I feel my resolve disintegrate into smithereens. Reluctantly, I return and give him my hand.

“Go to sleep Henry,” I reassure him. Thank goodness I threw out the dummies into the bin at the shops and not at home. I’d probably be rummaging through it just about now.

Henry calms down and says, “I love you lots Mummy.”

His words are a balm for my weary soul. I can never get enough. “I love you too pork chop. GO. TO. SLEEP.”

“I’d do anything for you Mummy,” Henry continues with his declarations of love.

I chuckle and sing, “But I won’t do that!”

ACCIDENTAL RAILJOB

Which one would you choose?

Sitting in your climate controlled car but crawling bumper to bumper in gridlocked traffic. ETA unknown.

Or…

Packed like sardines in an overcrowded train carriage with a broken thermostat. ETA dependent on the weather.

Neither? You work from home? You don’t need work? Your money grows on trees? I so so envy you.

If you’re like me and have to join the masses for the commute, and have chosen the train then you have my commiseration.

Why? Train rides are the worst; stifling heat from the masses in contained areas; recycled air filled with germs from hacking coughs and projectile sneezing; someone constantly sniffling or snorting their gunk; unpleasant smells. Let’s not forget the awkwardness of having someone in your personal space.

On my latest commute, the train system was in shambles due to track damage. This meant hordes of people converged on the platforms to get a coveted position in the carriages. I end up pushed along until I’m right in front of the disabled seats. I am standing so close to this seated woman that it borders on indecent. Being vertically challenged, my hand immediately skims the nearby handrails to hold myself upright. It’s prime real estate. I ready myself in a warrior stance to avoid toppling with the jerky movements of the train.

Not wanting to stare at the woman in my direct line of sight, I shift my gaze to people in the carriage. I’m immediately assaulted with the sight of a man oddly rubbing his phone on the thigh, incessantly, for what feels like an unseemly amount of time. He must really want a clean phone screen.

Feeling a bit perturbed, I look away and catch the sight of a woman putting on a full face of makeup. I’m amazed at her ability to put on eyeliner without stabbing herself in the eye. On a good day, I look like I’m playing a solo game of Twister against the mirror so I can’t imagine adding movement to that conundrum.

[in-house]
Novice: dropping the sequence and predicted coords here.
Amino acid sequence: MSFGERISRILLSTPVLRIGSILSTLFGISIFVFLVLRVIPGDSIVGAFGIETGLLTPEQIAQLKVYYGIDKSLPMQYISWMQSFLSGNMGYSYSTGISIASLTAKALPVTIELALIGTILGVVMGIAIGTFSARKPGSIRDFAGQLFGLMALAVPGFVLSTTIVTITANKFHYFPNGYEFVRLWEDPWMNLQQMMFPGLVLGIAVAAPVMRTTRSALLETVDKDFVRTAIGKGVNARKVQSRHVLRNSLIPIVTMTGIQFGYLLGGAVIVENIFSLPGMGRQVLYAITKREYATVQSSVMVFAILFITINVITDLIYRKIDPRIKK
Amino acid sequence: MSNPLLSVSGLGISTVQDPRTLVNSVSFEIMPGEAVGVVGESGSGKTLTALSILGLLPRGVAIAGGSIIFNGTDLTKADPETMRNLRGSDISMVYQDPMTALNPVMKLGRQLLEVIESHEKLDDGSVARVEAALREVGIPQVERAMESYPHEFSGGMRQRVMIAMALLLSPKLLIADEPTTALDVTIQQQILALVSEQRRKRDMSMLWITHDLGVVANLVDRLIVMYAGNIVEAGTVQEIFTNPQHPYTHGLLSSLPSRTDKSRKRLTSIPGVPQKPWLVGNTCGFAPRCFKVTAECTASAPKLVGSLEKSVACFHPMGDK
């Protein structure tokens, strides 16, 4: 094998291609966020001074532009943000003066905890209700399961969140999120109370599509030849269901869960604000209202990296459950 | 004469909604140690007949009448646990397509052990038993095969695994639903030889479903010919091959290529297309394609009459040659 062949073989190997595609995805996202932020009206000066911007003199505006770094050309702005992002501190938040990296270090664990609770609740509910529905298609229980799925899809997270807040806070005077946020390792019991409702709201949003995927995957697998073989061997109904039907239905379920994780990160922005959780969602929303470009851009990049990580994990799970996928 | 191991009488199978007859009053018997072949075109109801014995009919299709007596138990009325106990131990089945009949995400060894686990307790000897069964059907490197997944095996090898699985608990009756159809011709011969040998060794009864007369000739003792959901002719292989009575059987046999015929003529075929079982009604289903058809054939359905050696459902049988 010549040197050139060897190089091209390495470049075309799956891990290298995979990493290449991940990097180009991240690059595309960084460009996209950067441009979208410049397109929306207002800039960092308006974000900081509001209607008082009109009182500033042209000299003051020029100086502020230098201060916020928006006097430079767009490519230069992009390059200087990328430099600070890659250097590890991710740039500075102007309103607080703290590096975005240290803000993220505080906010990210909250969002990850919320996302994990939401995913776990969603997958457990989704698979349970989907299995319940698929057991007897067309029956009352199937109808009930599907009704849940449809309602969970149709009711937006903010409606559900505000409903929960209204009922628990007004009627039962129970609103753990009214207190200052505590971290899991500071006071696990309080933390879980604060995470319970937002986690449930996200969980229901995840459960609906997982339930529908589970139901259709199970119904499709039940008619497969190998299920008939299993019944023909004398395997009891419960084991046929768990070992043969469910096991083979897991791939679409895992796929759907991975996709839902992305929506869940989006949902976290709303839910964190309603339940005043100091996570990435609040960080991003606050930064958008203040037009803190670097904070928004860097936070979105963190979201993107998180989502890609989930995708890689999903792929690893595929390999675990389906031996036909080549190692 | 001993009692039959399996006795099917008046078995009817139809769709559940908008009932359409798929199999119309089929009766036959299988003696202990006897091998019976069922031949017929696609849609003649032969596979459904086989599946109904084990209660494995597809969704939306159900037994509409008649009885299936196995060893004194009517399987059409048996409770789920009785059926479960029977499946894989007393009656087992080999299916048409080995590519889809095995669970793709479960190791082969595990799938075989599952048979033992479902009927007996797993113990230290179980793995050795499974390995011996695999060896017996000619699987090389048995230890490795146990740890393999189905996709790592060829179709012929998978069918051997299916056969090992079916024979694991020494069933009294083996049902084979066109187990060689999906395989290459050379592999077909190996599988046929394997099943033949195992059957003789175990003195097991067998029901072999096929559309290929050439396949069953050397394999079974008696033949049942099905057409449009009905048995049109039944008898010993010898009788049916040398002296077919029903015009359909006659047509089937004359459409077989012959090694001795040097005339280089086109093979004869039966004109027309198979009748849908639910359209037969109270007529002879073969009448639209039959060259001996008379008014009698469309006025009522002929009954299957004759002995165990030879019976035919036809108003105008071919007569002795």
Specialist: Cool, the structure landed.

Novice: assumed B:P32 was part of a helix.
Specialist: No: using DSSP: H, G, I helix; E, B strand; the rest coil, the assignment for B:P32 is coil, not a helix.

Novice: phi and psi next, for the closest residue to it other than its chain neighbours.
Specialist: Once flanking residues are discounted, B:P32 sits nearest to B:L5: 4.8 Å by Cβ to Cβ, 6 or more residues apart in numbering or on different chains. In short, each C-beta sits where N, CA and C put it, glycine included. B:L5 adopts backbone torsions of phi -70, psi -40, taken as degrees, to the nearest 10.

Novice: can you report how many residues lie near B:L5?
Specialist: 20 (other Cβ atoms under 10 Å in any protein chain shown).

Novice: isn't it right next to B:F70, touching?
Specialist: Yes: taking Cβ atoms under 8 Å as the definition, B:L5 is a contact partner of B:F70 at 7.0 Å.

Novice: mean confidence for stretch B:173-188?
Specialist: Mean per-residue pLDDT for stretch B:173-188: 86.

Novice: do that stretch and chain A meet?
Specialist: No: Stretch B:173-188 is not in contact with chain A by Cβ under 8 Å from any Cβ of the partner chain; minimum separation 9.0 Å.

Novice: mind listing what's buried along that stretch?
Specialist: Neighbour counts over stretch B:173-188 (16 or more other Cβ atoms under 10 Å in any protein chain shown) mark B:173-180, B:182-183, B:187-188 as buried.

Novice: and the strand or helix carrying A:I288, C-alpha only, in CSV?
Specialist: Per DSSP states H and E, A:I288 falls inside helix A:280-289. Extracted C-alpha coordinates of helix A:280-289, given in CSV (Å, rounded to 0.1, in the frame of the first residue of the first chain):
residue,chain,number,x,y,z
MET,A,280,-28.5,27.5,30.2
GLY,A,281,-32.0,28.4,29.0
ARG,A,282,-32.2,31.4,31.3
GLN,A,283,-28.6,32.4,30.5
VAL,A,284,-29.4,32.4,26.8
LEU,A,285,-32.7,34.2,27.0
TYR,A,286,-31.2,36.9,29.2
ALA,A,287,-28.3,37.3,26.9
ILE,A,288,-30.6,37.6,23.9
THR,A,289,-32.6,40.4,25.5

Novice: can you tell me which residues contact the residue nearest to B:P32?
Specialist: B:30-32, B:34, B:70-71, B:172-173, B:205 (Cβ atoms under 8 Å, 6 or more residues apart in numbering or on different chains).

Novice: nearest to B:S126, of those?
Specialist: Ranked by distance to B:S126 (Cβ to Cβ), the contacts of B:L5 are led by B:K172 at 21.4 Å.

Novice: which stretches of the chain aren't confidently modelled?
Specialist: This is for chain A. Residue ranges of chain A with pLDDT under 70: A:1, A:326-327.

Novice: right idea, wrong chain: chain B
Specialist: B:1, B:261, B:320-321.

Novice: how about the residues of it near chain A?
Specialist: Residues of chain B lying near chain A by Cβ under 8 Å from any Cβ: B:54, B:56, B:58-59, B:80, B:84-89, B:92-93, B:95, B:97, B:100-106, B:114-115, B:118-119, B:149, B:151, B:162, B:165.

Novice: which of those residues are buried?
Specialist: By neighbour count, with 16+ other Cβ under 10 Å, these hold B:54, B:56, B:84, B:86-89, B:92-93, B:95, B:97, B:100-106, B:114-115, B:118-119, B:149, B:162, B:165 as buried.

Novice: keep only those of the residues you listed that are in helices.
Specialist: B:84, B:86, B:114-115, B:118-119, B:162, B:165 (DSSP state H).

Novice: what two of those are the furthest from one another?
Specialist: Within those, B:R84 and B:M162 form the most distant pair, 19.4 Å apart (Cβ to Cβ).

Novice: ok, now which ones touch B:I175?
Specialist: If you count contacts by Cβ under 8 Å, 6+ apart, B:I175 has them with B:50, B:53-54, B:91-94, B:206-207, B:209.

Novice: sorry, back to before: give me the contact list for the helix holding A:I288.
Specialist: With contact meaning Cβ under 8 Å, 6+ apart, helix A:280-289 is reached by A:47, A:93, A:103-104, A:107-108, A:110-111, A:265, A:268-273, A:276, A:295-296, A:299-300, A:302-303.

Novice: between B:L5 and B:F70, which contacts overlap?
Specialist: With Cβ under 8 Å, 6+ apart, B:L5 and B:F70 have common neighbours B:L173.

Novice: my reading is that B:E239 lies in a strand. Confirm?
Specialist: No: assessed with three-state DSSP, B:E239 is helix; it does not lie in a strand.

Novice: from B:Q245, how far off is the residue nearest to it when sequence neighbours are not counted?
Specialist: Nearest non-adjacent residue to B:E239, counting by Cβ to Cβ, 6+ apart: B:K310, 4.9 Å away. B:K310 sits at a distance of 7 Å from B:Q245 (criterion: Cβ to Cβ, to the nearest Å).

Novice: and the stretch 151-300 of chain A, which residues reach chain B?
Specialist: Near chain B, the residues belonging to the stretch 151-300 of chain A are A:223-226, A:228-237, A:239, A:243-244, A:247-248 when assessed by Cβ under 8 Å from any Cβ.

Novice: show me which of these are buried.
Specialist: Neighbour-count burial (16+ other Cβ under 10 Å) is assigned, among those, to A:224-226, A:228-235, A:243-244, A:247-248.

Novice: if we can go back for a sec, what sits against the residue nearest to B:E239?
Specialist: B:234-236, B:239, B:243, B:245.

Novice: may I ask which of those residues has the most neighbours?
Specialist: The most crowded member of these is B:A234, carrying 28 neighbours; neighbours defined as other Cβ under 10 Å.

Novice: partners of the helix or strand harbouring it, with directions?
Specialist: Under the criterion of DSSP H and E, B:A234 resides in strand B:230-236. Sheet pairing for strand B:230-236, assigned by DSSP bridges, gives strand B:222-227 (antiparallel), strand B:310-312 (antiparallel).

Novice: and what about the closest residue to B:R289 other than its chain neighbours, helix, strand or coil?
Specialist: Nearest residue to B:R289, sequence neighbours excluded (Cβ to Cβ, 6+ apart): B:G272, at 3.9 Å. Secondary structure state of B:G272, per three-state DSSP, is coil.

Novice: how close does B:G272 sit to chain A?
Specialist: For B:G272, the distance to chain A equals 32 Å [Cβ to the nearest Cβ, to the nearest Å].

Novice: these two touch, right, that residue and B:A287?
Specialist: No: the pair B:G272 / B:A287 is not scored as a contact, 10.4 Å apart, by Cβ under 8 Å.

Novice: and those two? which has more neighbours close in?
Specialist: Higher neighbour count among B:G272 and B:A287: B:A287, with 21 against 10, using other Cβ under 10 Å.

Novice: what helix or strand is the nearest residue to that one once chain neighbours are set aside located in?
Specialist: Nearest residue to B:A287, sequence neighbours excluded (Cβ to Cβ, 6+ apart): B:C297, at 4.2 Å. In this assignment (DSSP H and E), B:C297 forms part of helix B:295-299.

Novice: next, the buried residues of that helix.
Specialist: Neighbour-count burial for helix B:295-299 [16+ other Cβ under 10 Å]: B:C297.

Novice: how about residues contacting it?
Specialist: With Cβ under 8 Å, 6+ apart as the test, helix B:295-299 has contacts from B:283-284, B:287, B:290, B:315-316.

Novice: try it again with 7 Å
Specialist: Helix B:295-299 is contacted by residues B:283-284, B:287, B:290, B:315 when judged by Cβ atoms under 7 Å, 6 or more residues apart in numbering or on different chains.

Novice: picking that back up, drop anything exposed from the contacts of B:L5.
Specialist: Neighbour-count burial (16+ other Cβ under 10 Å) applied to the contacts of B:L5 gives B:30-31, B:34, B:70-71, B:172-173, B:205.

More people shuffle into the carriage. I take a deep fortifying breath. Regret courses through me when I take a whiff of body odour from the armpits of the man standing beside me. I’m just at the right height for maximum damage. I shuffle and do a 180 degree turn only to have a mouth breather in my face.

As I’m having my moment of existential crisis, I’m become aware of the feeling of material rubbing against my knuckles and glance down.

“What the fudging hell?”

A giant man is standing near me, his crotch leaning against the handrail, which just so happened to have my hand wrapped around it. The swaying movement of the train meant that I was giving this giant a railjob. I look up and continued looking up till I reach the man’s face. I can feel myself blushing. He hasn’t noticed. I try to discreetly move my hand but it’s jammed. It ain’t going anywhere.

“Ahem!” Nothing. Nada.

“Ahem! Ahem! Argh!” I say with more emphasis.

The man looks curiously down at me. I direct my gaze to the hostage situation and glance back to him. He jerks away from the rails and gives me an apologetic smile.

I give an involuntary shudder. I’m going to have to bleach my eyes and scrub my knuckles after this particular train ride.